Schema Naming Conventions

  • ckempste

    SSCoach

    Points: 17983

    Not again you sigh... 🙂

    Well, its on for young and old and im in the thick of it yet again. Table and column naming conventions are what I am after as far are recommendations and tried and tested schemas. I have gone for the following for sometime now:

    Tables : name as required to represent the business, eg. trade

    P.Keys : post-fix with _id, eg. trade_id

    F.Keys : the joining column is listed as part of the column name

    eg. traderto_trade_id this example means the table “trade_rto” joins to “trade” over “trade_id”

    The first portion (column prefix) should shorten to <= 8 characters in length with no spaces or underscore characters. For example:

    Employer => emp_<column name>

    Employer_site => empsite_<column name>

    Organisation -> org_<column name>

    The 8 character restriction is for the tables prefix, not the entire length. Even so, the entire length should not exceed 30 characters if possible.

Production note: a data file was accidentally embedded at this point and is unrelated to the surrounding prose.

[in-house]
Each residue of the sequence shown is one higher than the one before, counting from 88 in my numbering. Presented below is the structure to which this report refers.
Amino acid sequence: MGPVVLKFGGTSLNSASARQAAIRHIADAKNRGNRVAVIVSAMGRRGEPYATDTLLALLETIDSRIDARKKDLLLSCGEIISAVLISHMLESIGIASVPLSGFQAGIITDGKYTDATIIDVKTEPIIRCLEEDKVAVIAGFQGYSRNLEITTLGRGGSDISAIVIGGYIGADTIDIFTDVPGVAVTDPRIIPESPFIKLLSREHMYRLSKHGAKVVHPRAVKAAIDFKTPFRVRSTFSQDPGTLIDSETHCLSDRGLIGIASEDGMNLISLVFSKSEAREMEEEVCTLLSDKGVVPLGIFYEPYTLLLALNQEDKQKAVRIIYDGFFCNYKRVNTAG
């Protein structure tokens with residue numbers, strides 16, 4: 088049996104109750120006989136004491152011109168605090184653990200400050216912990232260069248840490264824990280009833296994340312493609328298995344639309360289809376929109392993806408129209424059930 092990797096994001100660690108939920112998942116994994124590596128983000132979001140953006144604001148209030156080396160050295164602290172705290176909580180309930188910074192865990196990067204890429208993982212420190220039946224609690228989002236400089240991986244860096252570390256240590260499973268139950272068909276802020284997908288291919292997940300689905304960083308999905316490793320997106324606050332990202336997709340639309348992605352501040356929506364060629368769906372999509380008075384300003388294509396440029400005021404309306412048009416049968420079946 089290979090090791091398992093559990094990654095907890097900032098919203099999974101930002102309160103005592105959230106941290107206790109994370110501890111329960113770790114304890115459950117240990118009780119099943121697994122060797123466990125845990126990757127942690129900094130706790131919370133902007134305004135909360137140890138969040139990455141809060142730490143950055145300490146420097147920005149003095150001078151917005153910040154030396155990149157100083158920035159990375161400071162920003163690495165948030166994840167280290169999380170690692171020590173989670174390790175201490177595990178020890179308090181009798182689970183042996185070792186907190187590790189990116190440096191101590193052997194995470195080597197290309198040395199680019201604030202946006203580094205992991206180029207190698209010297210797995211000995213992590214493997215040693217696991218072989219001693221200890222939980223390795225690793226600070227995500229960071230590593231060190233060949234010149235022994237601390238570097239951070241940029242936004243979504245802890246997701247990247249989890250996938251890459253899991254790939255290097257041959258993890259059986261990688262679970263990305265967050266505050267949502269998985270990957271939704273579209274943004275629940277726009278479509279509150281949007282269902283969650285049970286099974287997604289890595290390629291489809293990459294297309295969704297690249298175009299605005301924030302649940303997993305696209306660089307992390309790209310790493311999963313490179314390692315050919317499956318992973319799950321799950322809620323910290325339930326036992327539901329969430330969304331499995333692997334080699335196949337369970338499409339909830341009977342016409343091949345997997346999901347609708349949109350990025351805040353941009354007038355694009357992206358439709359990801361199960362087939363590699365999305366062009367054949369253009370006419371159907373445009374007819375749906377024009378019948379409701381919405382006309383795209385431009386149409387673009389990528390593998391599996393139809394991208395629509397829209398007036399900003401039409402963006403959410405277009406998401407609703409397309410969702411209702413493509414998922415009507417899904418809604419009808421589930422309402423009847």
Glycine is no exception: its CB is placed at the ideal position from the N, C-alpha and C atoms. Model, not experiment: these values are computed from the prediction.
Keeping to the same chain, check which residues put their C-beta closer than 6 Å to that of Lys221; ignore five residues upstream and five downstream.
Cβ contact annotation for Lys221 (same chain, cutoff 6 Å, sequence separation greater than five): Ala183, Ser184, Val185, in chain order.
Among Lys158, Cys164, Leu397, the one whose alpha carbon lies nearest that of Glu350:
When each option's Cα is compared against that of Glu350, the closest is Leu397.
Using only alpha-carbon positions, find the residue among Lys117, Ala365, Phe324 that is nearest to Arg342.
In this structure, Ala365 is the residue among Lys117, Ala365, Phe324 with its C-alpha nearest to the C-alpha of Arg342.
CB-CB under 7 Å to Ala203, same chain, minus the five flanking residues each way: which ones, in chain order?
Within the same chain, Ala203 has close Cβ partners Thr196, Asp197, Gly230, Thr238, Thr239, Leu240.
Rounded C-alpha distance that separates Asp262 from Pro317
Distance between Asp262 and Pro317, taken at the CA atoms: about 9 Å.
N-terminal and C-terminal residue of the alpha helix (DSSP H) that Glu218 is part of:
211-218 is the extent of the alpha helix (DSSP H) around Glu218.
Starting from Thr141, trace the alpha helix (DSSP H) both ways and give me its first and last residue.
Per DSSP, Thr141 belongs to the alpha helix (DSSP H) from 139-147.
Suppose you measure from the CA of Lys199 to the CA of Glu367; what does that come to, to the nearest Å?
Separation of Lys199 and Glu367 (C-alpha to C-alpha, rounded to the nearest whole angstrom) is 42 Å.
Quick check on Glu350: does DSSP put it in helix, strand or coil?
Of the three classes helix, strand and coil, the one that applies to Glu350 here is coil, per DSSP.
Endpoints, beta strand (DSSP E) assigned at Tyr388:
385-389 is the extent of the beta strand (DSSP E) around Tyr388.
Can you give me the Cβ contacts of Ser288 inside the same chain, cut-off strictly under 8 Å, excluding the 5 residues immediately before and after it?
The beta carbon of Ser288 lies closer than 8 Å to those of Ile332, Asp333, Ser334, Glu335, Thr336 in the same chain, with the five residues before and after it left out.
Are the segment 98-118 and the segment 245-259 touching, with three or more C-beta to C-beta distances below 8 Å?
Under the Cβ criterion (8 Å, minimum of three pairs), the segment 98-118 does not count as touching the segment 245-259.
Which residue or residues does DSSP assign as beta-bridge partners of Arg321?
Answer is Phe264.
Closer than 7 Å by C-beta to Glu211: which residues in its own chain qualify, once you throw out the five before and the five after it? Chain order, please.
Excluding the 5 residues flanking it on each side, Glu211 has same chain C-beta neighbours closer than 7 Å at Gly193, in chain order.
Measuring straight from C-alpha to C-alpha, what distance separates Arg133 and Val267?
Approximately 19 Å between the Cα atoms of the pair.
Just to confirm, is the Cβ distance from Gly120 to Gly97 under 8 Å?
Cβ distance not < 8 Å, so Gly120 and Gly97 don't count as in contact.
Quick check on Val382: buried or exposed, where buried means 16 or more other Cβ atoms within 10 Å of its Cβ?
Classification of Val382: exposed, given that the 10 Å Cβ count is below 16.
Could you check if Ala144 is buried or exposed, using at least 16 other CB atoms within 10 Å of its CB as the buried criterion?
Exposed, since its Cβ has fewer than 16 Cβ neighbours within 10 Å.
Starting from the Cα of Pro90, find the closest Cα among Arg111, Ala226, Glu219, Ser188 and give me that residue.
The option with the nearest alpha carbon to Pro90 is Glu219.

Another schema design we have in another app database uses the following:

    The other uses a slightly different approach. The only difference in this method is the naming of columns, which is especially evident in the key-column referencing. For example:

    Training_Product ----------------------- Course

    Training_product_id (pk) Training_product_id (fk)

    In this case, as the training product table is the parent, all other referring tables use the same primary key column name for the foreign key column name. This is a common scheme, but unfortunately does not allow a developer to “follow the relationship model” from one table to the next and thus, for large data models, can be time consuming when creating large complex queries. Another problem is that extensive use of table aliasing is required in such a scheme.

    I have also heard of schemes where the data type of the column is in the naming of the column. This seems very strange and something I wouldnt like to explore for a variety of reasons.